Elixir is a dynamic, functional language designed for building scalable and maintainable applications.

Elixir leverages the Erlang VM, known for running low-latency, distributed and fault-tolerant systems, while also being successfully used in web development and the embedded software domain.

Elixir Maps

Maps are the "go to" key-value data structure in Elixir. Maps can be created with the %{} syntax, and key-value pairs can be expressed as key => value:

iex> %{}
iex> %{"one" => :two, 3 => "four"}
%{3 => "four", "one" => :two}

Key-value pairs in a map do not follow any order (that's why the printed map in the example above has a different order than the map that was created).

Maps do not impose any restriction on the key type: anything can be a key in a map. As a key-value structure, maps do not allow duplicated keys. Keys are compared using the exact-equality operator (===/2). If colliding keys are defined in a map literal, the last one prevails.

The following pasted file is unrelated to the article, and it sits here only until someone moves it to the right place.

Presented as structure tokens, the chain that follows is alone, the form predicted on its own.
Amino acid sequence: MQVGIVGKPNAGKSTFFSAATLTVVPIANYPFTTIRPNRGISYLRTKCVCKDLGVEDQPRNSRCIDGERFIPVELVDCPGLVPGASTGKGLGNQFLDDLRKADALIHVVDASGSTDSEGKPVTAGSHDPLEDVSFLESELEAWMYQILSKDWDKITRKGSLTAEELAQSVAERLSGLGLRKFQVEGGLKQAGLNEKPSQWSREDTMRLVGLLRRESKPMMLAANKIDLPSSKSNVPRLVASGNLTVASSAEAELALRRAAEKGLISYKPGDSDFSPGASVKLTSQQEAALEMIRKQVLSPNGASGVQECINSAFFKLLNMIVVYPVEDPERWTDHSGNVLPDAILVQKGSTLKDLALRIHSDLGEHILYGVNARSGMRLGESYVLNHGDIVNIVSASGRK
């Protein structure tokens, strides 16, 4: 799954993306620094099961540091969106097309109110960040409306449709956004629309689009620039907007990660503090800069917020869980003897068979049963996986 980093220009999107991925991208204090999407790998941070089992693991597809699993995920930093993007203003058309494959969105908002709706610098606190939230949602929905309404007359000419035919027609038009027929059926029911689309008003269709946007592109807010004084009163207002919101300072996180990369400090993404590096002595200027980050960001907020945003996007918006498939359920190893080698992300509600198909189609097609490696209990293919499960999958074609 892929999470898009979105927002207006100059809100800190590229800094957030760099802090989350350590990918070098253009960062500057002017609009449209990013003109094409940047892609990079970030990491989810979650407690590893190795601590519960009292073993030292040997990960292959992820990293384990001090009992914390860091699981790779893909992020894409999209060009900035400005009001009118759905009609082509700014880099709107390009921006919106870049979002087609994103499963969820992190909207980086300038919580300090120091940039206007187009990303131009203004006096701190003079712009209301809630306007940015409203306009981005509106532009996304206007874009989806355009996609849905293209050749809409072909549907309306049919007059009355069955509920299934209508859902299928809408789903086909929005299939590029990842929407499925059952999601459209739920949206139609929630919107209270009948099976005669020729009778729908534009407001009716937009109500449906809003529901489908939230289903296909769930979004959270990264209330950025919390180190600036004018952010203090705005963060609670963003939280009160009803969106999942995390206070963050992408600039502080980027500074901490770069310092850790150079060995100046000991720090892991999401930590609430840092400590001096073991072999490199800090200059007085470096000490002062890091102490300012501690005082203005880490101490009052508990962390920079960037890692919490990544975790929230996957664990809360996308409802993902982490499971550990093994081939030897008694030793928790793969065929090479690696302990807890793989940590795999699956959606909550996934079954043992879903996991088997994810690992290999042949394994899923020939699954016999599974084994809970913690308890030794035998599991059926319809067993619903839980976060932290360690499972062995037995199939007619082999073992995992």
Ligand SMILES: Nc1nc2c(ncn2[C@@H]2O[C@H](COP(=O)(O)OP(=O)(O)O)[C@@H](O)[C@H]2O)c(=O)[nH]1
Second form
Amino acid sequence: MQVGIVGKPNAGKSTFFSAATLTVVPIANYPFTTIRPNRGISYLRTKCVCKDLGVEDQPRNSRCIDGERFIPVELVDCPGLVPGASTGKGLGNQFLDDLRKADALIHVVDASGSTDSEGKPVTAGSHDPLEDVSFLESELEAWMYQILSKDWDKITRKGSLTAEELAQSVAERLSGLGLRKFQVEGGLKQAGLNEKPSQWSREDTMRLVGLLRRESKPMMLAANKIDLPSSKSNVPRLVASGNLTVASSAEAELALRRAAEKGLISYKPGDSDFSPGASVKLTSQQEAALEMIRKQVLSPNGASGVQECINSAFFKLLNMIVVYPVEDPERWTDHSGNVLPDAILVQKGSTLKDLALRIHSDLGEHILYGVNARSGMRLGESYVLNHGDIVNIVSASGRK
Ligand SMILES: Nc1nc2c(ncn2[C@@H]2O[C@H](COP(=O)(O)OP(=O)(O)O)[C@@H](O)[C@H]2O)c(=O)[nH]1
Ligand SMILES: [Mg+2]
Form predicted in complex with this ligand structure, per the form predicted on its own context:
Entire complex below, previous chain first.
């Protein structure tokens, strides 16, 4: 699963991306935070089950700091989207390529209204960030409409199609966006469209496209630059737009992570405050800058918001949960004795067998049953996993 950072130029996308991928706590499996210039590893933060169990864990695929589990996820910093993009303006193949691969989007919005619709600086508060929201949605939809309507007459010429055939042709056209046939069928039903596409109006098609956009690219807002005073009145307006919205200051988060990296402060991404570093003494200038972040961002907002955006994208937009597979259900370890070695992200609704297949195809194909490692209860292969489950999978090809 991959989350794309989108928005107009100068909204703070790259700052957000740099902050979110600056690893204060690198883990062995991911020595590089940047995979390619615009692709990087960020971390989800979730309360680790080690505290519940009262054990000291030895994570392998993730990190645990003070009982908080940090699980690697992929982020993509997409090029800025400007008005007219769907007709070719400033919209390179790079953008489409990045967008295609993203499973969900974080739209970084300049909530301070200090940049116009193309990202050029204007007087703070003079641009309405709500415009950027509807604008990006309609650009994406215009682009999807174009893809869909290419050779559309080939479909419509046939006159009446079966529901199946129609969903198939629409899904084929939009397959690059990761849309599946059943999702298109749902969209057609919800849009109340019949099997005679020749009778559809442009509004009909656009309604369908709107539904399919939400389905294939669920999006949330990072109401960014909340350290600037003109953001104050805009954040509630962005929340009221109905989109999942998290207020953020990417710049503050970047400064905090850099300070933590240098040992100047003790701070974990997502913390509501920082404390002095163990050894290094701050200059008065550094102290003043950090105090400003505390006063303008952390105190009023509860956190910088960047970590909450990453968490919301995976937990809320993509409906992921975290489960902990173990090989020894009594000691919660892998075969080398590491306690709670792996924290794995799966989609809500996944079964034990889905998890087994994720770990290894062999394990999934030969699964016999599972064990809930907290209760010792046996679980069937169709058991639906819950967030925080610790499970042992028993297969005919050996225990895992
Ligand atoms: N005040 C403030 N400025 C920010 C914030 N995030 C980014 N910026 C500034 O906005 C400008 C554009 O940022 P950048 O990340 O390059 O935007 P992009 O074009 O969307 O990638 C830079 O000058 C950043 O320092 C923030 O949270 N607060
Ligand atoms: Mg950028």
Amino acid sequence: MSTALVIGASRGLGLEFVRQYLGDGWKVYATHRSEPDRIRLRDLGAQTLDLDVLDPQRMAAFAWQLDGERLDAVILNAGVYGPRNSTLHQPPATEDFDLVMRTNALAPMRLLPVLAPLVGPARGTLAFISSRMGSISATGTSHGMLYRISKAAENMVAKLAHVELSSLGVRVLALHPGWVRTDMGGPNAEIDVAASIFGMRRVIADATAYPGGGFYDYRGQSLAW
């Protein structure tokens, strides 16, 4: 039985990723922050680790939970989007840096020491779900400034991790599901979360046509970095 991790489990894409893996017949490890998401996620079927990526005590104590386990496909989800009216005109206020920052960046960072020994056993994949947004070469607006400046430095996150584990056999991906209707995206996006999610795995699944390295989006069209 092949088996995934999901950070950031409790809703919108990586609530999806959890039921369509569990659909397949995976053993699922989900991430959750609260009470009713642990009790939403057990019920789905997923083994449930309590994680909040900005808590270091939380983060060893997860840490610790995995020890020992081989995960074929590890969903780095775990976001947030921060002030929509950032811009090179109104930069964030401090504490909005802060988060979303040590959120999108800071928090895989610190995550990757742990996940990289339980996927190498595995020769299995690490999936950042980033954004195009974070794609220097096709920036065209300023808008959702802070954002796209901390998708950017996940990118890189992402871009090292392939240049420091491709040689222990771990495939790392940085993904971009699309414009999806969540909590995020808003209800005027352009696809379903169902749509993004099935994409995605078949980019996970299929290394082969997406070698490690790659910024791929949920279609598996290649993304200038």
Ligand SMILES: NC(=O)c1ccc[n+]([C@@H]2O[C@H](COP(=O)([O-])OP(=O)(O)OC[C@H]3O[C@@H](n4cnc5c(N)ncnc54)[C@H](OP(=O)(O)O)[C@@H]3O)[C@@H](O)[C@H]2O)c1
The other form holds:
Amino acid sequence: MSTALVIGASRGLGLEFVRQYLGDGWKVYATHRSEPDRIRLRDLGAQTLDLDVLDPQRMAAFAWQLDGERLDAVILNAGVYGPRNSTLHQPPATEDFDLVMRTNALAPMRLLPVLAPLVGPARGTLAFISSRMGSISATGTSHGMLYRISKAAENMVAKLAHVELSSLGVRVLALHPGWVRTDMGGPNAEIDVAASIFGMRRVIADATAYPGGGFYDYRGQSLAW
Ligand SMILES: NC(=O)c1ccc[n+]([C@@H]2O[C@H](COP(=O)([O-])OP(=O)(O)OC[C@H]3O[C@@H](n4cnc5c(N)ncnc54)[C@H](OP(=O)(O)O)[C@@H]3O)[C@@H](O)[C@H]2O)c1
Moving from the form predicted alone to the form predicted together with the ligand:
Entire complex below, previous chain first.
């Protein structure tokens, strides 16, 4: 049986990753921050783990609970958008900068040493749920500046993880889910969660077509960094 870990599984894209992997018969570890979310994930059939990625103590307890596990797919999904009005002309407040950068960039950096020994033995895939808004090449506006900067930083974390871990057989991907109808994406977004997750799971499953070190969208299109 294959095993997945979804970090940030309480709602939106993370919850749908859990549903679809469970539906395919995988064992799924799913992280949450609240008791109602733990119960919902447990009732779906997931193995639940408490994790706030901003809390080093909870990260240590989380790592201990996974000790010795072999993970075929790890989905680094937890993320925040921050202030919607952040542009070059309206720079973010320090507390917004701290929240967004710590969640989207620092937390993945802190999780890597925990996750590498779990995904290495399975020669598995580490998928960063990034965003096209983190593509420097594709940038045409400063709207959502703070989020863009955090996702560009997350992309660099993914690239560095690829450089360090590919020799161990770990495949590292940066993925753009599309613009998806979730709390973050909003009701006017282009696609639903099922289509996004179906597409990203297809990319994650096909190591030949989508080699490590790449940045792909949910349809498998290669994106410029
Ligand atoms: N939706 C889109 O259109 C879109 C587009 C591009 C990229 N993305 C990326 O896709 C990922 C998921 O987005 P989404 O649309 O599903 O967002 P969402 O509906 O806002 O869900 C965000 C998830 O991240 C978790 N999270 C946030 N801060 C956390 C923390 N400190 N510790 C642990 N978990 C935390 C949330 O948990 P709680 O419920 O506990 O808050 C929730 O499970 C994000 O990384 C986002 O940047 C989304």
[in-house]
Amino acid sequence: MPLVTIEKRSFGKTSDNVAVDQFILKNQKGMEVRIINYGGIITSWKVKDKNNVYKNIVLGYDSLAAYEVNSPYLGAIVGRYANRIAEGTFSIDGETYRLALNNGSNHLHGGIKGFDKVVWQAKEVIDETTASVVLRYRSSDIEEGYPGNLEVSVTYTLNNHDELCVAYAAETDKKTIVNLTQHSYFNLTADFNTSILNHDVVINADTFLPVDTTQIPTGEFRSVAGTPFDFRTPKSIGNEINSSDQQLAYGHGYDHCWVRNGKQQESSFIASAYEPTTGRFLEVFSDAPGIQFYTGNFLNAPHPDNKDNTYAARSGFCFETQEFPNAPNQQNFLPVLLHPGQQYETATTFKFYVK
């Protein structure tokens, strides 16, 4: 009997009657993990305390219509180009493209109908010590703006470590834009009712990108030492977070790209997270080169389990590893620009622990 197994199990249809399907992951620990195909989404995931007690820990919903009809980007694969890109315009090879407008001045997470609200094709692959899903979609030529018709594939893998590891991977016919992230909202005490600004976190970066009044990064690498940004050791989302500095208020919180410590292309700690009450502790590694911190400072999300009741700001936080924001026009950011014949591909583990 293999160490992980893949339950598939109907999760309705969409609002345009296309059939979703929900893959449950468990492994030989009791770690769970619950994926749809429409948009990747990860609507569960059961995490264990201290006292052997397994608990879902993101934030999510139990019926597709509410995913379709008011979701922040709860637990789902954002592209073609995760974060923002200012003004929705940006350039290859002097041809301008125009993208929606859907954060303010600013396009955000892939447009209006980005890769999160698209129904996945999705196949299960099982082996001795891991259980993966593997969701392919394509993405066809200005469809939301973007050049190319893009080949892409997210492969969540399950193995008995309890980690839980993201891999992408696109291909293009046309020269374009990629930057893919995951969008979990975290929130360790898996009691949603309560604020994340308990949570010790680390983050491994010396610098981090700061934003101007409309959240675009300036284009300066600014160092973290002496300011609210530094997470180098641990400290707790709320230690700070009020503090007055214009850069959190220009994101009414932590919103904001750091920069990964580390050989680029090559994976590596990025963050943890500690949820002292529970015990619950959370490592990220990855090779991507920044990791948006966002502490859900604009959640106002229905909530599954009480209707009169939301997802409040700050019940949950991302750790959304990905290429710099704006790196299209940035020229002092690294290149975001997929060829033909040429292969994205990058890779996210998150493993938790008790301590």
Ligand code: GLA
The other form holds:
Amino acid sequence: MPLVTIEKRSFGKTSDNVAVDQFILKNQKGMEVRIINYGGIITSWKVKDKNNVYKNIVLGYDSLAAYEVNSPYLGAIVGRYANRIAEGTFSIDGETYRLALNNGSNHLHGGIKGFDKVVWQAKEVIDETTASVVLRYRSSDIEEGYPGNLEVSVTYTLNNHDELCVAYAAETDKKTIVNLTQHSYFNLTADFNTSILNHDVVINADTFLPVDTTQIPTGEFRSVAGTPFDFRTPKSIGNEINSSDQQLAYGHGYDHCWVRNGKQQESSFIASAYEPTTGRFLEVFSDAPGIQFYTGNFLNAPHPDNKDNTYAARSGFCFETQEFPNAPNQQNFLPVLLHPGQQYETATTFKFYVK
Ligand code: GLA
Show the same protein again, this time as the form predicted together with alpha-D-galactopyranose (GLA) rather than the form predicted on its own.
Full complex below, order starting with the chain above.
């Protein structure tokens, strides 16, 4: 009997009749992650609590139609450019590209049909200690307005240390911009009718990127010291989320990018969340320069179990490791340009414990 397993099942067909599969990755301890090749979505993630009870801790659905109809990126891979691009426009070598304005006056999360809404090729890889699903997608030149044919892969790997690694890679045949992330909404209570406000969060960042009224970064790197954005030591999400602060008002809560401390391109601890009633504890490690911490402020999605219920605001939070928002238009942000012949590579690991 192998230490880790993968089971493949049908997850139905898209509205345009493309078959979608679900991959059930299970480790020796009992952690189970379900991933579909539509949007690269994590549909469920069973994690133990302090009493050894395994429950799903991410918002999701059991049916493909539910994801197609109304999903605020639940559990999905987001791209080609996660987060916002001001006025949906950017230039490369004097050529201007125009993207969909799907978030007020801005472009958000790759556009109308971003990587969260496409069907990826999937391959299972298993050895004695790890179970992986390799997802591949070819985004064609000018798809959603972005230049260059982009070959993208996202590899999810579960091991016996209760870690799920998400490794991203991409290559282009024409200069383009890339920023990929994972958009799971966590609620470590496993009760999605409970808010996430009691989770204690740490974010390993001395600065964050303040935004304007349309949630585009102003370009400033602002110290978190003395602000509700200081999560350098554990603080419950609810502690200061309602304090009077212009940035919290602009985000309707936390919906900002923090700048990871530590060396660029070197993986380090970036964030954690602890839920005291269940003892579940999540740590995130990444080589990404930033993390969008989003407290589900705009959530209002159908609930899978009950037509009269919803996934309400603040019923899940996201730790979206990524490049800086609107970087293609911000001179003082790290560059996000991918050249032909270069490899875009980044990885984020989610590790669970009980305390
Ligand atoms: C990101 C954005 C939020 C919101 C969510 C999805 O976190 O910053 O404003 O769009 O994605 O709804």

Being a functional programming language, Elixir is a bit different from other languages when it comes to update a nested data structure.

For example, in javascript we could do:

data = {
  inner: {
    one: {
      a: 1
    two: {
      b: 45

data.inner.one.a = 2

In Elixir you have to build a new map with the updated information, for example:

data = %{
  inner: %{
    one: %{
      a: 1
    two: %{
      b: 45

new_one = %{data.inner.one | a: 2}
new_inner = %{data.inner | one: new_one}
new_data = %{data | inner: new_inner}

which is not very handy.

In other functional languages like Haskell, there are libraries like Lenses that aims to solve the problem. In Elixir the kernel have an put_in function that acts in a similar way:

data = put_in(data, [:inner, :one, :a], 2)

You can find other similar functions in the Kernel documentation